With one weekend to go, Rotary Gardens has already broken its attendance record for the Holiday Light Show.
Unseasonably warm weather helped attendance approach 50,000, breaking last year’s record high of 46,000, Rotary Gardens Executive Director Becky Kronberg said. This weekend’s forecast includes more comfortable weather, which should draw plenty more visitors for Saturday and Sunday evenings, the last two nights of the popular Christmas lights display.
The light show also broke its single-day attendance record this year with more than 7,300 visitors traveling the lighted trails Dec. 15. In comparison, the Saturday night two weeks before Christmas in 2017 brought in 6,400 people, Kronberg said.
Newfound social media attention has helped the event gain popularity the past several years. The previous record of 46,000 people last year shattered 2016’s record, which was about 26,000 people, she said.
The light show, finishing up its 23rd year, has become a popular photo hotspot for couples, families and visitors from near and far.
“People want to come when it’s nice enough they can be outside for a period of time, take pictures, enjoy themselves and not be frigid,” Kronberg said. “The weather has helped, and that was the case last year. That has really helped our numbers, certainly. A lot of people are making it a family tradition.”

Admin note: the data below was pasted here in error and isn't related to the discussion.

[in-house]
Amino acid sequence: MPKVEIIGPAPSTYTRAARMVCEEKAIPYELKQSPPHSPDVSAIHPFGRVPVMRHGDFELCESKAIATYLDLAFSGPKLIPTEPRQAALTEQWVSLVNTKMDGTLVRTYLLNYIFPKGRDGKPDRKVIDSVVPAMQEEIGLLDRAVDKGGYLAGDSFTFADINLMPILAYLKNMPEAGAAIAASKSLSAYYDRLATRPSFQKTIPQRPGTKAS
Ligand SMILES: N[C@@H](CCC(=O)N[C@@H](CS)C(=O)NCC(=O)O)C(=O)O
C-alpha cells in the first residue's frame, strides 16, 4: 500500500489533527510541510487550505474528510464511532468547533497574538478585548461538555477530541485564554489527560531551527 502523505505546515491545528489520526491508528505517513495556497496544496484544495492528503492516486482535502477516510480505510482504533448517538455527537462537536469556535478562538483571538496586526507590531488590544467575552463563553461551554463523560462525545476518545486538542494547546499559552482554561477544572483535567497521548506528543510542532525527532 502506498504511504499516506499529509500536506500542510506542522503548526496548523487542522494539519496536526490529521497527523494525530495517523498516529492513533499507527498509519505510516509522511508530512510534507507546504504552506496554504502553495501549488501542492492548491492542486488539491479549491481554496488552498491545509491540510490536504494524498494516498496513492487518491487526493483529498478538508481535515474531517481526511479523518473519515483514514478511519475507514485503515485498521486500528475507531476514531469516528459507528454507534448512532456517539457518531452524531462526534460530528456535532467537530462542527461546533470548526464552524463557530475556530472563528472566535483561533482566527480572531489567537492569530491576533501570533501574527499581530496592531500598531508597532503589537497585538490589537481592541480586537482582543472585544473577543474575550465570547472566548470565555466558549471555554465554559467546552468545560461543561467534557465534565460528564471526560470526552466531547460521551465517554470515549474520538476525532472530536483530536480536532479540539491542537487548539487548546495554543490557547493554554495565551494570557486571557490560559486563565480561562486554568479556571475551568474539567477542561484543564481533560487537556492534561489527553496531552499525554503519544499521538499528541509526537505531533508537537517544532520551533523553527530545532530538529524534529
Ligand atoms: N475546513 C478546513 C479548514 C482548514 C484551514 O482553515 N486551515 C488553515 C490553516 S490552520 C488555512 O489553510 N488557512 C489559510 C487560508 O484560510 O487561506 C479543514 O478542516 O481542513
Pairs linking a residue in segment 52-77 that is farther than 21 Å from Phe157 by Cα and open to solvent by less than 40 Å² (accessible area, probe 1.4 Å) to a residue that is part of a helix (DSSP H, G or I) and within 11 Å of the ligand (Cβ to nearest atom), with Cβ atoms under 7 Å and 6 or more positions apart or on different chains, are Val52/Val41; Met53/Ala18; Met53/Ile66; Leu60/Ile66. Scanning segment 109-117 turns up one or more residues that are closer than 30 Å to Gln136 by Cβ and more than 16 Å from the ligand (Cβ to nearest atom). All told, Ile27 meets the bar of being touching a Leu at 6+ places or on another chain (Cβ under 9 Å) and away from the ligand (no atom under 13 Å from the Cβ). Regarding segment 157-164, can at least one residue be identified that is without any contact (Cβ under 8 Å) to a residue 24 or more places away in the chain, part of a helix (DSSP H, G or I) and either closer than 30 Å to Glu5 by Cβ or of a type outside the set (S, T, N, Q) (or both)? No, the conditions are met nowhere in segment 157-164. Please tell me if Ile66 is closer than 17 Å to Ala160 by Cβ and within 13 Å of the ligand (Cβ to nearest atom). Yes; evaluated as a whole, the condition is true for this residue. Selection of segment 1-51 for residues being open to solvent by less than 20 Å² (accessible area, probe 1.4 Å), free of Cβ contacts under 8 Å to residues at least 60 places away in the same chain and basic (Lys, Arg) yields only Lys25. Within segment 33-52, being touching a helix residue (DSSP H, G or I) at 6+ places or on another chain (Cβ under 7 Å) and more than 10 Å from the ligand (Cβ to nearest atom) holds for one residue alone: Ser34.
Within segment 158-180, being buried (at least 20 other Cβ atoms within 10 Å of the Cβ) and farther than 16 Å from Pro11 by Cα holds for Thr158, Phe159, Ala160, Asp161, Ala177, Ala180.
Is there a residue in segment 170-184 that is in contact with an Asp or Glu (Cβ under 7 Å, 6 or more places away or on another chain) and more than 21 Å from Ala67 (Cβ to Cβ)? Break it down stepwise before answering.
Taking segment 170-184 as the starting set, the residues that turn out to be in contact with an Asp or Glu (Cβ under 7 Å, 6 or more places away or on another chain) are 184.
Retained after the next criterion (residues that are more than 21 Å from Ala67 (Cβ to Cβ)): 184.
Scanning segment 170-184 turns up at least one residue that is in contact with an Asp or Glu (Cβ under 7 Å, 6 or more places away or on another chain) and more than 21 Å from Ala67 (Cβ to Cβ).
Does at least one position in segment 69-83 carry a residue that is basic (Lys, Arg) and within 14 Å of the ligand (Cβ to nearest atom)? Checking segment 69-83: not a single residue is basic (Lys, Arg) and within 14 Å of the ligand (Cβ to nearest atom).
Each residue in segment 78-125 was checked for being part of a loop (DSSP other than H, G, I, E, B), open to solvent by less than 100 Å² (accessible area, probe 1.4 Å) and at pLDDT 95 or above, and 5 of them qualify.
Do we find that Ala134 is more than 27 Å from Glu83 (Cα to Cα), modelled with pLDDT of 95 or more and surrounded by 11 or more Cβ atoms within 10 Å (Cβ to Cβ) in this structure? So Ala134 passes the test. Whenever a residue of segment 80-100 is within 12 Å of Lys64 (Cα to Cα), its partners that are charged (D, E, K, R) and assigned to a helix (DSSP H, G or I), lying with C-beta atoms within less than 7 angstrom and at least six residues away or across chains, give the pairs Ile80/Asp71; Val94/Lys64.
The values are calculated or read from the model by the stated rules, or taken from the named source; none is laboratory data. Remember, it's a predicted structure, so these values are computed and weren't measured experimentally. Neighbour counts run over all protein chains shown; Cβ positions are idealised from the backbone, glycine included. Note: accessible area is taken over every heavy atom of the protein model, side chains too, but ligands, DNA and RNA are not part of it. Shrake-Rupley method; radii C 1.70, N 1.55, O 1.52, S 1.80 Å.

What’s most impressive about the attendance record is that Rotary Gardens had to cancel two nights because of bad weather—an ironic twist. And the way the calendar fell meant the 2018 show already had one fewer night on the schedule compared to last year.
That means final 2018 attendance numbers will include tallies from 18 nights instead of 21 nights like last year. The success is “unfathomable,” Kronberg said.
The Holiday Light Show is Rotary Gardens’ biggest fundraiser of the year, and she estimated the display will generate roughly $260,000.
The money helps the organization plant flowers and maintain gardens throughout the summer. Kronberg encourages people who enjoyed the Christmas lights display to return to the gardens when it’s warm and the flowers are in full bloom.
Rotary Gardens staff will begin the massive undertaking of taking down, testing and storing lights for the offseason in mid-January. The process takes about two and a half months.
Workers will begin decorating for next year’s show in August 2019, Kronberg said.